This is the normal state, based on which you can understand why the anticyclone at the end of May had a historic magnitude of 1037 hectopascals, not to mention the floods it caused.

In this case, it is filled with water

Let's see why we mentioned climate change as a root cause. The North Atlantic Current has weakened significantly, and its water production has decreased by 15-20 percent in the last two decades, the two main reasons being the temperature difference between the equator and the previously mentioned North Pole and the melting of the Greenland ice sheet: a large amount of fresh water causes the “premature” fall For warm salty water. This still requires energy to equalize, but it is transferred to the air, which has much lower specific heat compared to water (the specific heat of a unit volume of air is about 3,200 times lower than that of the same volume of water).

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That's why extra energy appears in the atmosphere, which can create anticyclones never seen before at this time of year.

And why does it cause such a fuss in spring and early summer when we consider “the same” to be completely normal in winter? Here too the answer lies in temperature, and more precisely in the ability of air to hold water, which increases with temperature. Just for example, while air at 5°C can contain a maximum of 7 grams of water per cubic meter in the form of water vapor, the same amount of air at 25°C actually contains 23 grams. Above this amount, the so-called dew point is exceeded, and the vapor condenses, meaning rain falls from the clouds.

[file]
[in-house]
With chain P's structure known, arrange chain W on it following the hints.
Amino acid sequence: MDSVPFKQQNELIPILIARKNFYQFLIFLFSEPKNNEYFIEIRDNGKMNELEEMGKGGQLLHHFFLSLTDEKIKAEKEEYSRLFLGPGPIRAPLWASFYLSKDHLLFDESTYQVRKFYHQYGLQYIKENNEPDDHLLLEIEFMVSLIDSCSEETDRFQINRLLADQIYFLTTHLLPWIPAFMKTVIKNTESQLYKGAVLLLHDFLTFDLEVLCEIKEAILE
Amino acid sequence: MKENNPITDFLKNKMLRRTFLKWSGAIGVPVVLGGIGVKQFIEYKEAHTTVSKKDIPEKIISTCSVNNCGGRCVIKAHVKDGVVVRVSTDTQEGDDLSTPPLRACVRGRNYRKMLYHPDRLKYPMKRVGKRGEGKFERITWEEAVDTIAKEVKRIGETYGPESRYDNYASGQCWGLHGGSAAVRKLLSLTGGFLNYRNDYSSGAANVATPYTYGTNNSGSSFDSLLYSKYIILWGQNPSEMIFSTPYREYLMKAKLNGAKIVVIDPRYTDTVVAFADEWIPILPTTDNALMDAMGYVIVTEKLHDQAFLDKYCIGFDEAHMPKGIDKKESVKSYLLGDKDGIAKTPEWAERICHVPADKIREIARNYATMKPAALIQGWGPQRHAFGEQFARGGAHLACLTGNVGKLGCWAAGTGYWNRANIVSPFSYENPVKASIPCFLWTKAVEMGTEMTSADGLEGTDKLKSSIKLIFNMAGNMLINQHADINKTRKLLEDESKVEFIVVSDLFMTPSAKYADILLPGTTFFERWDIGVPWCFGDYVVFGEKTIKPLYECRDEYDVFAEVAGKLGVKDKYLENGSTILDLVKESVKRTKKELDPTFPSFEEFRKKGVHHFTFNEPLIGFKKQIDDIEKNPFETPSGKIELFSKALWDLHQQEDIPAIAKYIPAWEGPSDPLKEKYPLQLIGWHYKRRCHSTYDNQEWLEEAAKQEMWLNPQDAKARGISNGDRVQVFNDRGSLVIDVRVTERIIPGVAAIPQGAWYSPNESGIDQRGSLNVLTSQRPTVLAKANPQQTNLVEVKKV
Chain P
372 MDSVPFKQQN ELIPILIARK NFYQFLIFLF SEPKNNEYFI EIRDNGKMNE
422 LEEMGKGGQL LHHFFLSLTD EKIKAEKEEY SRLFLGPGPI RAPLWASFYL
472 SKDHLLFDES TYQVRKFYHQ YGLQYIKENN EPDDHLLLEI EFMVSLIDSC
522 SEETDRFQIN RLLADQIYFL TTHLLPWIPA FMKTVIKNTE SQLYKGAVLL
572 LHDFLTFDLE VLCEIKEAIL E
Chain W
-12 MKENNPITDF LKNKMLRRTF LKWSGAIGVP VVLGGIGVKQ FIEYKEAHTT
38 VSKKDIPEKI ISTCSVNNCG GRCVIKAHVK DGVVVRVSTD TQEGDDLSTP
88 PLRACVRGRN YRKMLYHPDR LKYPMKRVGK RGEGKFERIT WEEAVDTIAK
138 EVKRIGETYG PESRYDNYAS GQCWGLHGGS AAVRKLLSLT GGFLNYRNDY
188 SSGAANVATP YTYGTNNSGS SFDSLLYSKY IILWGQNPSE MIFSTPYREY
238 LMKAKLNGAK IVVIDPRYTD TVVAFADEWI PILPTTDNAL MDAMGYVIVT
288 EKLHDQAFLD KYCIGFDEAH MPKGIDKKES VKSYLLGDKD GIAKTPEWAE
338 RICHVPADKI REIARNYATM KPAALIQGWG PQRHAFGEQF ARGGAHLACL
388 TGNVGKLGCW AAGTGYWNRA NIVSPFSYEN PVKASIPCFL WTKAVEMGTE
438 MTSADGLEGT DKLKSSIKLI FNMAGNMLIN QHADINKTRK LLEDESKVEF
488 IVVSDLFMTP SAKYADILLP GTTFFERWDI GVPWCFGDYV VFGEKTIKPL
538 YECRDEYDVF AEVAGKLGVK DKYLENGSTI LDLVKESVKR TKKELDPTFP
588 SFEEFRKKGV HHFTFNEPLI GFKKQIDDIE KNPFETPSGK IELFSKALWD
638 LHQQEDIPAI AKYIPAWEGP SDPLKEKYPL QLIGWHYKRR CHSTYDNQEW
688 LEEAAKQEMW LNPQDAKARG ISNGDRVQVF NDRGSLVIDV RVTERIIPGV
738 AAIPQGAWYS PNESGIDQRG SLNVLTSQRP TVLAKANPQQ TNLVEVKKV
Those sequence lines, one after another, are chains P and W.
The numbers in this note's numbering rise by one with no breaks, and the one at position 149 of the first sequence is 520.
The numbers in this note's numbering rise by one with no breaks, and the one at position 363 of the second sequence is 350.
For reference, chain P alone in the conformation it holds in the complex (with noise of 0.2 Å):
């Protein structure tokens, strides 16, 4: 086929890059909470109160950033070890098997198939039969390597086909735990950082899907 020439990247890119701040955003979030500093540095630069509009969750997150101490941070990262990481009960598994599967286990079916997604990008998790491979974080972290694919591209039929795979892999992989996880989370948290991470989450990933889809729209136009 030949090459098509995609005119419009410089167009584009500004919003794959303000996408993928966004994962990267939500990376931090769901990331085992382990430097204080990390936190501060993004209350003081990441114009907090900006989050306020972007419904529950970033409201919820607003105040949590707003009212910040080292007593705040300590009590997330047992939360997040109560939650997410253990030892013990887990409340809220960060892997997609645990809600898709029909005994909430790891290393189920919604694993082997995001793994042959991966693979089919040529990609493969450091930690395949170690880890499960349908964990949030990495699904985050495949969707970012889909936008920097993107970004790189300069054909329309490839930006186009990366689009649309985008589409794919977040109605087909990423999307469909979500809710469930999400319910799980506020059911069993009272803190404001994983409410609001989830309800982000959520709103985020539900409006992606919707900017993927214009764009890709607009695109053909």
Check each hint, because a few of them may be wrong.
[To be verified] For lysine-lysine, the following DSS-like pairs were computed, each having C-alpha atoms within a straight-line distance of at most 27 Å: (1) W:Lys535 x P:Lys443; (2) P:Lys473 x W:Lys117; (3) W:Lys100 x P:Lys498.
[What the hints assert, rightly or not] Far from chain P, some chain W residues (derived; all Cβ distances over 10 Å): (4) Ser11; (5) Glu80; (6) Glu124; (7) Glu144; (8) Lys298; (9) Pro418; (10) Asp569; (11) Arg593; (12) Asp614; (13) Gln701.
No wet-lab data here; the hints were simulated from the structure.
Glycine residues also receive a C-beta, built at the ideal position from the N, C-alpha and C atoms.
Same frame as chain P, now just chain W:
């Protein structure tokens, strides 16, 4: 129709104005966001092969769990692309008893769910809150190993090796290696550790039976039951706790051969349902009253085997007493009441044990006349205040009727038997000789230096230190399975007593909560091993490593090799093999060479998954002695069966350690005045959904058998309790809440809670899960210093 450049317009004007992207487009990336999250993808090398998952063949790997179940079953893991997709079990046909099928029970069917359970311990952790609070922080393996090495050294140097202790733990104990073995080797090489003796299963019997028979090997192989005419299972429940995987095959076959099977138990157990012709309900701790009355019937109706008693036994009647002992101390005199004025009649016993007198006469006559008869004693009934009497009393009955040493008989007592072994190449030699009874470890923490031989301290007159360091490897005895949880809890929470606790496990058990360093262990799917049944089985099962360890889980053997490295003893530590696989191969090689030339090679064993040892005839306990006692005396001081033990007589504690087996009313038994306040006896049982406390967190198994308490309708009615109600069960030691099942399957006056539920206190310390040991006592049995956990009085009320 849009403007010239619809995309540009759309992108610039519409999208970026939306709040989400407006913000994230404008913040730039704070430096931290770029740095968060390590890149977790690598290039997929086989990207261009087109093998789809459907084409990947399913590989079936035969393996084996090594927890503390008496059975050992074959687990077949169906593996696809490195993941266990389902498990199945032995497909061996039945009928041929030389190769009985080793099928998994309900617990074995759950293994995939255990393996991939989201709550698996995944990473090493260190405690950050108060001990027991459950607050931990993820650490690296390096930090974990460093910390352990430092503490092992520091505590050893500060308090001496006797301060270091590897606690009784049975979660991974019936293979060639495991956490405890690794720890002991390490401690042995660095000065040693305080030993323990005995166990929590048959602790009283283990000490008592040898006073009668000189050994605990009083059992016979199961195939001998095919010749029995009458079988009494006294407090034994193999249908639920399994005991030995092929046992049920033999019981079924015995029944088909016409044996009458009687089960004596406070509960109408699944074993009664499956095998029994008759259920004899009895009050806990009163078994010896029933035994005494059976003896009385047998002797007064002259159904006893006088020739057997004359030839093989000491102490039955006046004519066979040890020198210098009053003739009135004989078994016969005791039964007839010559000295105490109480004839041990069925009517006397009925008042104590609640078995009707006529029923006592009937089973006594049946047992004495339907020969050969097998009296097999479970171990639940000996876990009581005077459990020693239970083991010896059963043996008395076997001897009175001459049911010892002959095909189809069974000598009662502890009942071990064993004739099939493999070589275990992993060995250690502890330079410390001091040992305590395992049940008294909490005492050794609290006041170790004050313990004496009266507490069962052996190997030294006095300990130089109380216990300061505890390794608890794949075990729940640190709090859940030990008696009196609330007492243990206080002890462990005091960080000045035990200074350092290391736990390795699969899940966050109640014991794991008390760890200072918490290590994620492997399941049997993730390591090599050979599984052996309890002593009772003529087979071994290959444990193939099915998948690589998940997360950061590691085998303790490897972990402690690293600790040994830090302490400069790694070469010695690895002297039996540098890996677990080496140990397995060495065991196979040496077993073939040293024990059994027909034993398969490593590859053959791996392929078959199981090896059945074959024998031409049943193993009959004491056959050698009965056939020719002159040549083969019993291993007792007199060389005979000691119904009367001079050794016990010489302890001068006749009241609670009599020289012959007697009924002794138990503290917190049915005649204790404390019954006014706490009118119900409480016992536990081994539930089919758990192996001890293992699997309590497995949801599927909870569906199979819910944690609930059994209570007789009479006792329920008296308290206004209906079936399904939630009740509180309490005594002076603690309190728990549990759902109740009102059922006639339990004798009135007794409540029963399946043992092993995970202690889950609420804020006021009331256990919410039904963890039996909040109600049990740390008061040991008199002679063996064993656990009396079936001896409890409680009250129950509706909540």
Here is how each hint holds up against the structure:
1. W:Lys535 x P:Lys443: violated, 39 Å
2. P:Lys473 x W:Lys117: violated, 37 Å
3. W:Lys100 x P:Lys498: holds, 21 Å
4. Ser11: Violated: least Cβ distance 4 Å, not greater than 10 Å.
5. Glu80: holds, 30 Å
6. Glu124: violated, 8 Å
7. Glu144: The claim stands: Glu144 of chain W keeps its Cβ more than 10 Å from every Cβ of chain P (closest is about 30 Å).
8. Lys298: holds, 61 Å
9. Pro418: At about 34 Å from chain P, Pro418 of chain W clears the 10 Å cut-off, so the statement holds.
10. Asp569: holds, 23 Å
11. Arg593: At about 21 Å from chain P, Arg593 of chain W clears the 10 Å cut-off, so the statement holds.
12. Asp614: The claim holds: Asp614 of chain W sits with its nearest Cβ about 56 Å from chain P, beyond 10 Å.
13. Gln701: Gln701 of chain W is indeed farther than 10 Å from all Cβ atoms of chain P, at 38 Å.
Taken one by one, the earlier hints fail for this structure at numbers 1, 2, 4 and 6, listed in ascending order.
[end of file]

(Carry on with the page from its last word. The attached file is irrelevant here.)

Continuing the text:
Balint Szayki / 24.hu

Therefore, in winter, a large pressure difference between cyclones and anticyclones can be associated with gusty winds, but the cold air is unable to transport enough water for a large amount of precipitation. But the situation is different in the summer, when a huge amount of steam falls in the form of heavy rain due to the huge temperature contrast caused by the record-breaking anticyclone.

The atmospheric physics explanation for this phenomenon therefore supports the fact that with climate change, increasingly severe anticyclones can form in spring and early summer. When atmospheric pressure exceeds 1030 hectopascals in the British Isles region in May or June, we can be almost certain that flooding will occur somewhere in Central Europe in connection with this. Not later – at least for now – because as we move into the warm season, the temperature difference between north and south decreases. But the bad news is that if one of these violent hurricanes moved just a few hundred kilometers to the east, our country would immediately be on the front line.